This year saw a lot of anniversaries in Japan. It was 1868 when Crown Prince Mutsuhito became the Emperor Meiji, the official policy of national isolation ended and the country was set on a course to become a modern industrialized nation-state. This birthday seems like it could have been a great time to kick back and have a major celebration in commemoration of the end of feudalism and the advent of a new age of learning. However, as the prevailing narrative of Japan's transition into modernity is one in which it was forced into opening to the West and had to lose something of its traditional identity in order to avoid becoming a colonial territory, the 150th anniversary of the Meiji Restoration went by without much festivity.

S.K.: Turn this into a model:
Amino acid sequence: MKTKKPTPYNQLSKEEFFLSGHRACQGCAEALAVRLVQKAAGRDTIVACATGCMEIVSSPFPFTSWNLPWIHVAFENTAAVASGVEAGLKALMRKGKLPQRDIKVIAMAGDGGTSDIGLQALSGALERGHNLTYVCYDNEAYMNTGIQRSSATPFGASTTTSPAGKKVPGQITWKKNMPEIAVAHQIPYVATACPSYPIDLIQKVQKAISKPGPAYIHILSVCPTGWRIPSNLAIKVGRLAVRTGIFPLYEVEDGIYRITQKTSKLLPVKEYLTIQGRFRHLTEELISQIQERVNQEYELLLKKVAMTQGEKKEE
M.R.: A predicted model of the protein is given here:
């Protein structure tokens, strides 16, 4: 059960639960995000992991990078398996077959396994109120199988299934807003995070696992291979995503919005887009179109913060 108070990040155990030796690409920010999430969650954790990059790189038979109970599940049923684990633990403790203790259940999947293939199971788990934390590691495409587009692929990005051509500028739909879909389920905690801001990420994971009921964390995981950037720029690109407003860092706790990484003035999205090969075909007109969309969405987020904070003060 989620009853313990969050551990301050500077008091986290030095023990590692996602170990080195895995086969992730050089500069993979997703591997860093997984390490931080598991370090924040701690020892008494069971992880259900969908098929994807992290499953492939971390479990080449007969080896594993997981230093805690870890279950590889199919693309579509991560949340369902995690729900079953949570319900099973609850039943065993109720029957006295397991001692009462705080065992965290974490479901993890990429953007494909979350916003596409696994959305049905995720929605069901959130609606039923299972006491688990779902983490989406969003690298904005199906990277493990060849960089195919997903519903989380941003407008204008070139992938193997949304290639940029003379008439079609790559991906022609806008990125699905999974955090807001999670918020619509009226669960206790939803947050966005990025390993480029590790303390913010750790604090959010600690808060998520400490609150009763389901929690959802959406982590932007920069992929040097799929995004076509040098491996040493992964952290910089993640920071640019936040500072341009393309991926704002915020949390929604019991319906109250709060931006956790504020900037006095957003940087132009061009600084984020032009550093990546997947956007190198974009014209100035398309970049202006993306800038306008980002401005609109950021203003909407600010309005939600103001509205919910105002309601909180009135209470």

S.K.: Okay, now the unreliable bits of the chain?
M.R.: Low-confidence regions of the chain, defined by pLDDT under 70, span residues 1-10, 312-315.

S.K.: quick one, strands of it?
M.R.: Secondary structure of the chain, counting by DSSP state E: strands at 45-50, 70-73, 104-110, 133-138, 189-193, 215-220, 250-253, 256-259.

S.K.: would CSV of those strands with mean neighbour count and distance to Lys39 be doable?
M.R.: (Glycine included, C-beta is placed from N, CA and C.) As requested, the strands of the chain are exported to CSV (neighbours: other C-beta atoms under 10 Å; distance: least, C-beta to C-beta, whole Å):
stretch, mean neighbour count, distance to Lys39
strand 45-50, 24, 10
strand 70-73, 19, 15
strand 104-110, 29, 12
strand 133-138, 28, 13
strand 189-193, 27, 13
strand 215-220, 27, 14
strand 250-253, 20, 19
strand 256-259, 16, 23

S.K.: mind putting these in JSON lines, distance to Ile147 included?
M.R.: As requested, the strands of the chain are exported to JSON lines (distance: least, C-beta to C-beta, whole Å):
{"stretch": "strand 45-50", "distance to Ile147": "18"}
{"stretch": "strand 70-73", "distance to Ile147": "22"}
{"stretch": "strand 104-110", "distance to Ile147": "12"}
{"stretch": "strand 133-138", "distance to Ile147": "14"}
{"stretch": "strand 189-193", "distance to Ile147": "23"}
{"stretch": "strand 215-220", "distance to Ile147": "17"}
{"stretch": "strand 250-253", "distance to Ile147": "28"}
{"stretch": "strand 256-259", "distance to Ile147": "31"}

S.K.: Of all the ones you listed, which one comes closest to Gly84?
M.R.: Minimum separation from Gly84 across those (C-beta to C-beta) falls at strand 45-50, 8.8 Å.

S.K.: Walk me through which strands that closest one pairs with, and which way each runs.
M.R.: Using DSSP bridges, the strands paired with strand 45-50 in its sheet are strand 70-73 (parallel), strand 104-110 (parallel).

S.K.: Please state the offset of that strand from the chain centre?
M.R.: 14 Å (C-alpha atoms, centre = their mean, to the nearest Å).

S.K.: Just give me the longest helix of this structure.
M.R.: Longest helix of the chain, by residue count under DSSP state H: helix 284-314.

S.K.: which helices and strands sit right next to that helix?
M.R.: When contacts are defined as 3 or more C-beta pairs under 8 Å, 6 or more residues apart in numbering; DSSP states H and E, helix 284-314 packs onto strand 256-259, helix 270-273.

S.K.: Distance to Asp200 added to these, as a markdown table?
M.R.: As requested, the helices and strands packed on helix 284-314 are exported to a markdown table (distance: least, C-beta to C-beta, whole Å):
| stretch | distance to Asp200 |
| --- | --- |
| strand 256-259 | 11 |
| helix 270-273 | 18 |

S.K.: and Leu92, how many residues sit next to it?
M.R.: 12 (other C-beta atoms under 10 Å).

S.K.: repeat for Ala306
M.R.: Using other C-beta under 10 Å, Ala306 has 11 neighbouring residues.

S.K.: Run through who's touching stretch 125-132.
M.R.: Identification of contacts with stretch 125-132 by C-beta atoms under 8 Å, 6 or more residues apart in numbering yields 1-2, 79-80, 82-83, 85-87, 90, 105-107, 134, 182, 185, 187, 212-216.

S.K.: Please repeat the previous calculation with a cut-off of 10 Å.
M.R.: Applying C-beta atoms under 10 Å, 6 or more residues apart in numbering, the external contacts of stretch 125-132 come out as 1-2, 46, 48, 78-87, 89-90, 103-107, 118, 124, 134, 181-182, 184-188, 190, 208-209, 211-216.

Though Prime Minister Shinzo Abe, speaking at a commemorative ceremony in October, acknowledged that the Meiji Era (1868-1912) was "the foundation for Japan's modern-day political, economic and social systems," the tone of his address was definitely veered toward "glass half-empty" than "glass half-full," describing the birth of modern Japan as a "crisis."
Probably the most widely-viewed visual spectacle that can be considered a de facto commemoration of the beginning of the Meiji Era and Japan's ambivalent relationship with modernity, is the NHK drama "Segodon," which tells the life and times of Saigo Takamori. The tale of Japan's "last true samurai," and how he opposed the new Imperial government's disbandment of the country's traditional warrior caste and the development of a conscript army, lends itself to a raft of reductionist dichotomies: East vs. West, honor vs. pragmatism, modernity vs. Japaneseness.